• The DNA sequence may be inserted into any vector which may conveniently be subjected to recombinant DNA procedures, and the choice of vector will often depend on the host cell into which it is to be introduced. Thus, the vector may be an autonomously replicating vector, i.e. a vector which exists as an extrachromosomal entity, the replication of which is independent of chromosomal replication, e.g. a plasmid. Alternatively, the vector may be one which, when introduced into a host cell, is integrated into the host cell genome and replicated together with the chromosome(s) into which it has been integrated.
  • The vector is preferably an expression vector in which the DNA sequence encoding the peptide is operably linked to additional segments required for transcription of the DNA, such as a promoter. The promoter may be any DNA sequence which shows transcriptional activity in the host cell of choice and may be derived from genes encoding proteins either homologous or heterologous to the host cell. Examples of suitable promoters for directing the transcription of the DNA encoding the peptide of the invention in a variety of host cells are well known in the art, cf. for instance Sambrook et al., supra.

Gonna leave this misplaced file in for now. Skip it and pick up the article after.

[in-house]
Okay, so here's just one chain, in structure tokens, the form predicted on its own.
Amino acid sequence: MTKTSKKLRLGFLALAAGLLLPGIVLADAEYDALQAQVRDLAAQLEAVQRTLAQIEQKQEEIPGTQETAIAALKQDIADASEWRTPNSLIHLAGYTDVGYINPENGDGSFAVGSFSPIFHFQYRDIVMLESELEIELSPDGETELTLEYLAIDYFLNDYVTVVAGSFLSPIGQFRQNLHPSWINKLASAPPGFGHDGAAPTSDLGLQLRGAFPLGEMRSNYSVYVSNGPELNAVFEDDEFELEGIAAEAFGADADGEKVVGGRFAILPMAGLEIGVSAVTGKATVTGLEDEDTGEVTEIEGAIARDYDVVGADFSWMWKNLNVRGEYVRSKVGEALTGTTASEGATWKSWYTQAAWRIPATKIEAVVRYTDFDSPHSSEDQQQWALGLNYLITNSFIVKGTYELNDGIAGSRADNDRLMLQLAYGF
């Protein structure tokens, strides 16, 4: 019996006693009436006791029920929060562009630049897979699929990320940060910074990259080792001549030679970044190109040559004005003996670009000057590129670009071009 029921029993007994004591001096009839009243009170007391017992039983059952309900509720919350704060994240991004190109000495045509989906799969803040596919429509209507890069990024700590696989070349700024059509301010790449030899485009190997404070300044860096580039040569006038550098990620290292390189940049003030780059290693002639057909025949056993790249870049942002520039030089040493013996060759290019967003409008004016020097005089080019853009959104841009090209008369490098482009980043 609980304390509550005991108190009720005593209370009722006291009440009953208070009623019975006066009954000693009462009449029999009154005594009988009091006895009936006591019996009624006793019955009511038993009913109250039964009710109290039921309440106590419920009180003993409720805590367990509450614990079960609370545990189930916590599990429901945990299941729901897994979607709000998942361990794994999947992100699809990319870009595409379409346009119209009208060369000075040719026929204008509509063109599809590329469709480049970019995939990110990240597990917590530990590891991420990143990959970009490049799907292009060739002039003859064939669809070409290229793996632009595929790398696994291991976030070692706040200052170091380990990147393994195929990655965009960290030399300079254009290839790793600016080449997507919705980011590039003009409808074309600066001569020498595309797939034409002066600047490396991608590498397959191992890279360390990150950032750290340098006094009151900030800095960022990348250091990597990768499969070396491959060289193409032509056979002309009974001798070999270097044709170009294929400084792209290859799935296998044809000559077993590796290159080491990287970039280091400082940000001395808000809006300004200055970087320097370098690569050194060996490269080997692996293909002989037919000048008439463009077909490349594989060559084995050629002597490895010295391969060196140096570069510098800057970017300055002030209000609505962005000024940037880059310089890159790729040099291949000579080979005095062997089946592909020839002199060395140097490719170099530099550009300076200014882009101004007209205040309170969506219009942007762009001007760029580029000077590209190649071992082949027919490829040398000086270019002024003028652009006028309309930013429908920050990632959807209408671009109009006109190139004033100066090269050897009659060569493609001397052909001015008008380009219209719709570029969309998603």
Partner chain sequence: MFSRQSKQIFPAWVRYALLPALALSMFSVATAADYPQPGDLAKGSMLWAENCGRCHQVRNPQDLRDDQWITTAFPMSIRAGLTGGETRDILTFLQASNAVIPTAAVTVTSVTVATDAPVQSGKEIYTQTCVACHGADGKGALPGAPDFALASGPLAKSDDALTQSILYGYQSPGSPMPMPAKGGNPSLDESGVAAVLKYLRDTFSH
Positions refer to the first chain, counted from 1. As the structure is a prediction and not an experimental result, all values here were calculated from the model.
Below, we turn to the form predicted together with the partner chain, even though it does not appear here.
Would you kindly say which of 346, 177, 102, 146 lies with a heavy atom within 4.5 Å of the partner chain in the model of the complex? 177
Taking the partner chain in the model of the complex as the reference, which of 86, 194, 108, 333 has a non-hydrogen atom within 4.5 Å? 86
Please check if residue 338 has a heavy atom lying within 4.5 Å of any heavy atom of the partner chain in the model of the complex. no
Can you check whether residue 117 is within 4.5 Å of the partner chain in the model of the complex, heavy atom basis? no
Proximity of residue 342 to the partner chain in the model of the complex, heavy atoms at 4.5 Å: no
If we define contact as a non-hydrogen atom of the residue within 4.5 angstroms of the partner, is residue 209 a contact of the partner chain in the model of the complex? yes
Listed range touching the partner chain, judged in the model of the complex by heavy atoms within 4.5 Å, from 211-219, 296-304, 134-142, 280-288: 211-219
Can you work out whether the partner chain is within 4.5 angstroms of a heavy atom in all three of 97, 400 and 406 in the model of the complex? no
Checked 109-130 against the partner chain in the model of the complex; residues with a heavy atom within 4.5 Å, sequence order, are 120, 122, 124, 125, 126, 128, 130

• The DNA sequence encoding the peptide may also, if necessary, be operably connected to a suitable terminator, polyadenylation signals, transcriptional enhancer sequences, and translational enhancer sequences. The recombinant vector of the invention may further comprise a DNA sequence enabling the vector to replicate in the host cell in question.
  • The vector may also comprise a selectable marker, e.g. a gene the product of which complements a defect in the host cell or one which confers resistance to a drug, e.g. ampicillin, kanamycin, tetracyclin, chloramphenicol, neomycin, hygromycin or methotrexate.
  • To direct a parent peptide of the present invention into the secretory pathway of the host cells, a secretory signal sequence (also known as a leader sequence, prepro sequence or pre sequence) may be provided in the recombinant vector. The secretory signal sequence is joined to the DNA sequence encoding the peptide in the correct reading frame. Secretory signal sequences are commonly positioned 5' to the DNA sequence encoding the peptide. The secretory signal sequence may be that normally associated with the peptide or may be from a gene encoding another secreted protein.